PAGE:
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About Ziba Mir-Hosseini

Ziba Mir-Hosseini is a legal anthropologist and a founding member of Musawah Global Movement for Equality and Justice in the Muslim Family. She is lead editor of the just-published book  “Gender and Equality in Muslim Family Law: Justice and Ethics in the Islamic Legal Tradition” ( I B Tauris). Ziba co-directed the BAFTA-winning documentary Divorce Iranian Style


Articles by Ziba Mir-Hosseini

This week’s front page editor


Adam Bychawski is an editorial assistant at openDemocracy.

Constitutional conventions: best practice

Men in charge? Rethinking authority in Muslim legal tradition

The new book Men in Charge? shows that the assumption that God gave men authority over women is a theological fiction that became a legal fiction, whose main function now is to sustain gender inequality.  

How to challenge the patriarchal ethics of Muslim legal tradition

One lesson from the 1979 Iranian revolution and the 2011 Arab revolutions is that activists seeking to promote women’s rights, human rights and the transition to democracy must challenge patriarchy from within the Muslim legal tradition. 

Feminist voices in Islam: promise and potential

Religion is back in public space, and the thesis that modernization means the privatization of religion has been seriously questioned. Some religious and feminist dogmas need re-examination. What do ‘secular’ or ‘religious’ or ‘feminist’ mean in today’s contexts?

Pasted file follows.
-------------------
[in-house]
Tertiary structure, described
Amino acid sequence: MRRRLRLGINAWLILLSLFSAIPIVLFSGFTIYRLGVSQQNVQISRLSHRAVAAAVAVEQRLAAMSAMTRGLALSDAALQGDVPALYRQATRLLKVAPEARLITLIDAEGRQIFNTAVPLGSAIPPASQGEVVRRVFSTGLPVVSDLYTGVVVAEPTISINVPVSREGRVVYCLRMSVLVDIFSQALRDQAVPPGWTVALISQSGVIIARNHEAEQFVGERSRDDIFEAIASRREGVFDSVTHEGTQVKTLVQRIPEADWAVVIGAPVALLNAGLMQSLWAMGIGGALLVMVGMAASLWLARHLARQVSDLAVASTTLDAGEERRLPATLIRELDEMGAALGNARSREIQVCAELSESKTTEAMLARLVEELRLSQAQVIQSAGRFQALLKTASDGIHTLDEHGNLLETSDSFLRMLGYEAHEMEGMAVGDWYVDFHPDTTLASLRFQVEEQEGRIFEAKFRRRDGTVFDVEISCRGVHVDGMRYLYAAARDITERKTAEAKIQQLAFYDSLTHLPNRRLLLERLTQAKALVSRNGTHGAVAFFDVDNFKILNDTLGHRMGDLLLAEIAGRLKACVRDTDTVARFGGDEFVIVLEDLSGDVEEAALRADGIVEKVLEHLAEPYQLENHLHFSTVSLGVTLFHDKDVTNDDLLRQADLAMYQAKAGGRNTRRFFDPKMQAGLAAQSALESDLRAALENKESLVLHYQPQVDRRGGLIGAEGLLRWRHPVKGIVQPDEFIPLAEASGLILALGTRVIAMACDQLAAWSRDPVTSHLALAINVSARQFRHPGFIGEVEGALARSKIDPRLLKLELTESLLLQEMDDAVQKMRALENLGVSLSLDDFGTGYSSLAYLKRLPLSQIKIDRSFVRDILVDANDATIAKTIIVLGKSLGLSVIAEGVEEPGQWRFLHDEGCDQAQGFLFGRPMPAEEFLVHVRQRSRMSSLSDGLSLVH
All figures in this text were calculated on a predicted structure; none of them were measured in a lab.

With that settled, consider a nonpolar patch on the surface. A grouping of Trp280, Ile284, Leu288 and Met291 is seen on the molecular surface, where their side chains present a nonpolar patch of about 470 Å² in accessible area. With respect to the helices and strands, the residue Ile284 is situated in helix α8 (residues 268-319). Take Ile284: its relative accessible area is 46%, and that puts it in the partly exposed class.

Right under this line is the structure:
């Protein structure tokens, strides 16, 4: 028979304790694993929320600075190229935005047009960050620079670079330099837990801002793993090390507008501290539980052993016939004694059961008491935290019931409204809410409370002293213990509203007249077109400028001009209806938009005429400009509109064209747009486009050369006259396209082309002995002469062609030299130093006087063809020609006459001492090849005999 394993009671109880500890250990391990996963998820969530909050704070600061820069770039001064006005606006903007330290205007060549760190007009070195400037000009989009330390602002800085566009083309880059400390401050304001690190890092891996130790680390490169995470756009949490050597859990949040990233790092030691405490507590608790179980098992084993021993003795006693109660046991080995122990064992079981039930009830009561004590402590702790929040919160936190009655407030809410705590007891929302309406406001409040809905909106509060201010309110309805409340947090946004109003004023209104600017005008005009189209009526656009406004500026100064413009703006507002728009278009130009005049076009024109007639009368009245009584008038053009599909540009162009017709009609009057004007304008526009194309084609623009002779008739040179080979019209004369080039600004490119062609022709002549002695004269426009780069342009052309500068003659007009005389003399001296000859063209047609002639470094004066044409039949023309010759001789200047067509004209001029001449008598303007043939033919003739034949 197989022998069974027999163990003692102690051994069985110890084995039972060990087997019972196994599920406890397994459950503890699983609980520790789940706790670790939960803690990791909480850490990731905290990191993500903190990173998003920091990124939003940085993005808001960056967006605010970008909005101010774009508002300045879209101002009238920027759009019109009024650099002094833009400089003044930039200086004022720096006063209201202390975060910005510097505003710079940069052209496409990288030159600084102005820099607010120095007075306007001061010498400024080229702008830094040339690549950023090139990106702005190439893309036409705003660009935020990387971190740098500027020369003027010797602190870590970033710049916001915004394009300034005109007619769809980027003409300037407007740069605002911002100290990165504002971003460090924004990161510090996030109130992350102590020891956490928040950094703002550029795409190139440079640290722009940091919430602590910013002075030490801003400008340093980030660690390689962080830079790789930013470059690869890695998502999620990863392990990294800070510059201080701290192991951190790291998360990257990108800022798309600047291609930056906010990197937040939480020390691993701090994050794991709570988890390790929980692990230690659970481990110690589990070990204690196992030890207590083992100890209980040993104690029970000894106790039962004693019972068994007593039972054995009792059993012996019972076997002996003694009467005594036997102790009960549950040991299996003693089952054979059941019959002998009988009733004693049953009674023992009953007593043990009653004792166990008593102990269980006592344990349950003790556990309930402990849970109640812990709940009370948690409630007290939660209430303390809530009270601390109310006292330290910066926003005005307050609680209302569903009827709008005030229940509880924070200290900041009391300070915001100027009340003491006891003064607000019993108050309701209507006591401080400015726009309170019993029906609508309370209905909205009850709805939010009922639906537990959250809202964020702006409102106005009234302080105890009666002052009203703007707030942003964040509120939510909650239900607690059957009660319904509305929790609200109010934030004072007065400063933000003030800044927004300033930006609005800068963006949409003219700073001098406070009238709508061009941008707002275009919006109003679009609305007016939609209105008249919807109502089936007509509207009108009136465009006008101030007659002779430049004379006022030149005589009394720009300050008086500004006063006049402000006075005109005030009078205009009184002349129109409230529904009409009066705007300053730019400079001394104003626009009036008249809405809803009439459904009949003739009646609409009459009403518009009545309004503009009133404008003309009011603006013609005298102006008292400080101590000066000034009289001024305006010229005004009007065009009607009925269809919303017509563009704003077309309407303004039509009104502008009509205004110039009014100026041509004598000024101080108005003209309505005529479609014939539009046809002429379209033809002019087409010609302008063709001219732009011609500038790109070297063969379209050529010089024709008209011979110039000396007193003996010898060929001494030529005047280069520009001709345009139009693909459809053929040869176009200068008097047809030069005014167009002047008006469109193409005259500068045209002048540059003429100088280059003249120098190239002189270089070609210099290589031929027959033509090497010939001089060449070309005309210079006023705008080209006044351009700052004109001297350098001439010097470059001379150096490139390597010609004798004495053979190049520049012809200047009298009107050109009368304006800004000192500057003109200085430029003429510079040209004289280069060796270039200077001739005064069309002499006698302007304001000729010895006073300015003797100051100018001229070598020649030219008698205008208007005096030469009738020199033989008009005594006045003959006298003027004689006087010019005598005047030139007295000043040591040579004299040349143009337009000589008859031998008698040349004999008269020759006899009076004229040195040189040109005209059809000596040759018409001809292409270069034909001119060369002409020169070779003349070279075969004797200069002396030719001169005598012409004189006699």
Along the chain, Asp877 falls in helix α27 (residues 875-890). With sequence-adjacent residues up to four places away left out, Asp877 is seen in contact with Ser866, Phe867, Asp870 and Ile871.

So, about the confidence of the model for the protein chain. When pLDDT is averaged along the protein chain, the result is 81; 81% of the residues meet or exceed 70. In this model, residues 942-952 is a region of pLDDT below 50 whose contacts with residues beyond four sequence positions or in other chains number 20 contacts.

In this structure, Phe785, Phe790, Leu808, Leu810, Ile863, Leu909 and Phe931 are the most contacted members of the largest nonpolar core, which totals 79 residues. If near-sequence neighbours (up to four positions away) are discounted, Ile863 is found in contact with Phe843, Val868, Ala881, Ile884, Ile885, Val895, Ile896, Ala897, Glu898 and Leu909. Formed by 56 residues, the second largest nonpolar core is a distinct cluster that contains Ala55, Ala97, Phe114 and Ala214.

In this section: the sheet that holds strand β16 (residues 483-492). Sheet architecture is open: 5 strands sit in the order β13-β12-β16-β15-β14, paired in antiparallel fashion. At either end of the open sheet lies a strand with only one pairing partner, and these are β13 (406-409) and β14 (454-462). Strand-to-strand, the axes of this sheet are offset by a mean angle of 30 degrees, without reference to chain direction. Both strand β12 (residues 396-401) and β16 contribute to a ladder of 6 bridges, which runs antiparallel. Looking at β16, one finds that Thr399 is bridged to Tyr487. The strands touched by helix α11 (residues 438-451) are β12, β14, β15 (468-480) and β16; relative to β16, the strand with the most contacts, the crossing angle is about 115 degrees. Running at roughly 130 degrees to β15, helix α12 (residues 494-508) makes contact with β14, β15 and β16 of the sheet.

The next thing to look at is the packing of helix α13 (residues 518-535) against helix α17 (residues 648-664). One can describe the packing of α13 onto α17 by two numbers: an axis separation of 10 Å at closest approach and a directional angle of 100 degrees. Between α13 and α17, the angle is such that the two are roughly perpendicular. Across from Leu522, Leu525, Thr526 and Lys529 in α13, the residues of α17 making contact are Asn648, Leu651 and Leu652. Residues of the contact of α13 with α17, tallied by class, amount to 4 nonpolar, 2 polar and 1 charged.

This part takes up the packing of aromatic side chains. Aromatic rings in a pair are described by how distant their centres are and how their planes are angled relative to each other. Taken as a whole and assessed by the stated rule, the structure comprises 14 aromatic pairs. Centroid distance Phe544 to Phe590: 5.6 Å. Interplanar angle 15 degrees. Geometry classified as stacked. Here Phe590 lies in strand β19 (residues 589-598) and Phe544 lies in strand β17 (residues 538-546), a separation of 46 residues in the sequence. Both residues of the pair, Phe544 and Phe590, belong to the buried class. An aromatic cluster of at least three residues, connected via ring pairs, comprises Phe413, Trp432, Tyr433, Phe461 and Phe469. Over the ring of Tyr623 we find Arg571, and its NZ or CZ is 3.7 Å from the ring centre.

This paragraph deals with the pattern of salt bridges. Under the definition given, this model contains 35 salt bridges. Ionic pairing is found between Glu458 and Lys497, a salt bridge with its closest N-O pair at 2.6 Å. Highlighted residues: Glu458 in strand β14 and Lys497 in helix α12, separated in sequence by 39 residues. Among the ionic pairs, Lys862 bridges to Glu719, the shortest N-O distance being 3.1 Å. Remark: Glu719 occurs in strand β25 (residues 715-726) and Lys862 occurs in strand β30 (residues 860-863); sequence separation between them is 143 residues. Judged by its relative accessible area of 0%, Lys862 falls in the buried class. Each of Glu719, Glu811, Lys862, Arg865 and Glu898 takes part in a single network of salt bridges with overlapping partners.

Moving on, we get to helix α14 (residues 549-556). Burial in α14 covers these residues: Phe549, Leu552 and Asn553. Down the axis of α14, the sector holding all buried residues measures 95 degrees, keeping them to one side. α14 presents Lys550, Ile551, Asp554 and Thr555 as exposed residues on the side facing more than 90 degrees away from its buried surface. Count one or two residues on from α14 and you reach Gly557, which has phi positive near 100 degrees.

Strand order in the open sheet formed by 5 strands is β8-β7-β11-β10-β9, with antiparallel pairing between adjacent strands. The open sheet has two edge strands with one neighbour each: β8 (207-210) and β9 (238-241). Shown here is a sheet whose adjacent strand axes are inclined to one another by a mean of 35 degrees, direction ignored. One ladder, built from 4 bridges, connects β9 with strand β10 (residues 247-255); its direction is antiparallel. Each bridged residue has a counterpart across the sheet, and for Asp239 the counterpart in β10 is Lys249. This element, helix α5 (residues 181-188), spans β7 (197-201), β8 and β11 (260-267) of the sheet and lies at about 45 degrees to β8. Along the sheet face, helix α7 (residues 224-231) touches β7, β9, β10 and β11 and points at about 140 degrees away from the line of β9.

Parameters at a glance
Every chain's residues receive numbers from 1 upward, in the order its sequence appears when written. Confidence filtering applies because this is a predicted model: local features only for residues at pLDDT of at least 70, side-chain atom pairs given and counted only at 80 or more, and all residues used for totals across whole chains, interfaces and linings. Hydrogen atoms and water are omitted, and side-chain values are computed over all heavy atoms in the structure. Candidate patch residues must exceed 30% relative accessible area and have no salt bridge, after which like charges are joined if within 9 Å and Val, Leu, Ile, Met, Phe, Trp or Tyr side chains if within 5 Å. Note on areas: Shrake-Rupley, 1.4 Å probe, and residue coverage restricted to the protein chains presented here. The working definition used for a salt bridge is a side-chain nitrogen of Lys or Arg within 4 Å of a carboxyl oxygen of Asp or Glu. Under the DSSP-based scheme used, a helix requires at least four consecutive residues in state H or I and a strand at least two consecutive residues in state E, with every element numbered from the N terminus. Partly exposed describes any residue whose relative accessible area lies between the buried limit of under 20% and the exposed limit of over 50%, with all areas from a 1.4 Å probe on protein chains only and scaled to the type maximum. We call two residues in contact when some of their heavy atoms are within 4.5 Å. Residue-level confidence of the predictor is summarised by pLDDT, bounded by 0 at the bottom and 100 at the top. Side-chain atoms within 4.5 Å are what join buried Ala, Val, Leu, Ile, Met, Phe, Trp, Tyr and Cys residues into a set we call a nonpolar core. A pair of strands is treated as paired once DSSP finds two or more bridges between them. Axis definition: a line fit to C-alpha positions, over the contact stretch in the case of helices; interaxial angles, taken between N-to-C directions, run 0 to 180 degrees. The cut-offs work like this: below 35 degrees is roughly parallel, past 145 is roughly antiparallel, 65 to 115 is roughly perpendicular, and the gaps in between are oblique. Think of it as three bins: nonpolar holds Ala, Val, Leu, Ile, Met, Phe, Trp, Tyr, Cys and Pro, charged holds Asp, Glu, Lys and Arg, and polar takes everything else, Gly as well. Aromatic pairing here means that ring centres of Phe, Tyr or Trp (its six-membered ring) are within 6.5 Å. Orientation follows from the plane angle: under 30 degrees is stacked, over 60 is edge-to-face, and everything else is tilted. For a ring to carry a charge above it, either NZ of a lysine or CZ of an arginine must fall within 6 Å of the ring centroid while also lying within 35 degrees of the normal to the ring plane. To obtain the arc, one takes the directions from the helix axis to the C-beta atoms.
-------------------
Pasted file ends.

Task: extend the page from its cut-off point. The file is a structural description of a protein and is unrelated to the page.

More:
Decoding the “DNA of Patriarchy” in Muslim family laws

Why and how did verse 4:34, and not other verses in the Qur’an, become the foundation for the legal construction of marriage? Why are qiwamah and wilayah still the basis of gender relations in the imagination of modern-day jurists and Muslims who resist and denounce equality in marriage as alien to Islam? How can we Muslim women reconstruct the concepts ? 

Iranian responses to the “Arab spring”: appropriation and contestation

While the Iranian government authorities attempted to appropriate the Arab spring, claiming it was a continuation of the Iranian revolution of 1979, the events revived popular longing for democratic change in Iran. Ziba Mir-Hosseini tells Deniz Kandiyoti that no movement for change in Iran can afford to ignore women’s aspiration for equality – a lesson that some of the successful elements in the Arab spring may yet have to learn

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